There’s also a pretty good article about the kitchen and bathroom remodeling industry at

  30. Awesome post… I translated some of the main points for the Korean audience in my blog.  

    One concept in Korean culture that struck me as the functional equivalent of a “life coach” is that of a “mentor” (스승, or “seu seung” in Korean)– and having one is something I found to be invaluable in those times I am feeling completely out of gas.

    In any case, thanks!

  31. entrepreneurs have add -> bipolar disorder -> ups & downs
    this is what you need, one day you can freak yourself into sth the other day you arent able to do anything productive.

  32. I read this post after listening to Noah’s Mixergy interview so I feel like I can really relate to Noah’s story. I think the most telling part of the post was that the depression was tied with being unproductive. I know that in my experience a lack of productivity breeds more of itself and that stepping away and then doing the “one task” is a solid remedy. Even better is reaching out and doing a task not on your to do list so you feel like you have power over your tasks and not the other way around

  33. – I’ve experienced the same problem in B2B sales.  During the first 5 years of my career how good I felt directly correlated to what my sales number for the month looked like.  Even if I was number one in the company YTD if my numbers for the month were bad I didn’t feel fulfilled.  I think this is something 99% of high performers deal with and the solution is to recognize the problem and come to a point where you can say WTF.  My personal happiness is more important than money or recognition.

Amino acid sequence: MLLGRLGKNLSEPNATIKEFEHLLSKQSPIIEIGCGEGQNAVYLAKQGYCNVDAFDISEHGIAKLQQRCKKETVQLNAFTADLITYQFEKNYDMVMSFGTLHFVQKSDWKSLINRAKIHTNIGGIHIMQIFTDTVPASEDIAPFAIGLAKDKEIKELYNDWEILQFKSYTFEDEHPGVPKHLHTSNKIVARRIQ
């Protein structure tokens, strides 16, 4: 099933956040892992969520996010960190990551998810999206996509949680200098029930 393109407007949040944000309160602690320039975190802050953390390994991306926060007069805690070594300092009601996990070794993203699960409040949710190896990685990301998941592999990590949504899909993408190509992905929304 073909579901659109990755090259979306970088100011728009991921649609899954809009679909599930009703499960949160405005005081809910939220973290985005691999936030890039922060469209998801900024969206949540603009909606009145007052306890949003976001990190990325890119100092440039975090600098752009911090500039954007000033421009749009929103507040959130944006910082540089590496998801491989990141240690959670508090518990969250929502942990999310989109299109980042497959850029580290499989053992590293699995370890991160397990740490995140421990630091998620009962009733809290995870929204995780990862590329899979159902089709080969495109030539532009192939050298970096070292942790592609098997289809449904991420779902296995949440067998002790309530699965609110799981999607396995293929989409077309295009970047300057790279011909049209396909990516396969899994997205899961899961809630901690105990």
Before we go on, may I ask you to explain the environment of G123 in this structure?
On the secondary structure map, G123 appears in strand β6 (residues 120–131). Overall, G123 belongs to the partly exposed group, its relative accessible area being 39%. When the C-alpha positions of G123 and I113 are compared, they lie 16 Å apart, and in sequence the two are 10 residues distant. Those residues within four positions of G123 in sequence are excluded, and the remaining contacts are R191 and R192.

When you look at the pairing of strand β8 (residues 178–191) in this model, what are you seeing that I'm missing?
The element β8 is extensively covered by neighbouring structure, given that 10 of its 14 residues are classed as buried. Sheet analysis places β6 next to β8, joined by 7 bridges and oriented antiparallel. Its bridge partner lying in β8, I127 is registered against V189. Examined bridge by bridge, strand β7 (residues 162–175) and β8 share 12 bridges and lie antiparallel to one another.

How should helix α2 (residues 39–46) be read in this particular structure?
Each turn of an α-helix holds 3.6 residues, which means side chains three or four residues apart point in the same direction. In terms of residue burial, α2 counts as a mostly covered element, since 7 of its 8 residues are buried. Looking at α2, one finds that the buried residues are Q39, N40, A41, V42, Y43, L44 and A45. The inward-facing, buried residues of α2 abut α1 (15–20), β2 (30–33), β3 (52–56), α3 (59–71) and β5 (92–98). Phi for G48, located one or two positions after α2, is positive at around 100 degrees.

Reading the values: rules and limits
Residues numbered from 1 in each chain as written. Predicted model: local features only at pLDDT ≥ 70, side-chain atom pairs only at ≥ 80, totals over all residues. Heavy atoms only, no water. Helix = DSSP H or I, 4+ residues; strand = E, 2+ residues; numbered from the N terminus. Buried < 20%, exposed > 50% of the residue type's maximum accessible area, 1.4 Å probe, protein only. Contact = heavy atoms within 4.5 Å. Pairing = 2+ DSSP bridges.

– When I was doing well I would also get tripped up on parts of the job I hated doing but felt I could do more efficiently than others.  I’ve learned to focus more on the aspects of the job I enjoy.  If I find myself in a funk I will delegate all of the work I hate doing for a few days or a week.  I’ll go do the parts I am passionate about and be grateful I can make a living doing things I enjoy.  I also realize getting away for a few weeks a year is a MUST for high performers.

  34. Working online can be quite tough, especially when you can’t be sure if something will work. When you fail, it tends to be tough to get back on the high horse and go back to work. I know, I’ve been there. I think we all need to take a deep breath, and just move on. Failing is part of learning, we all do it.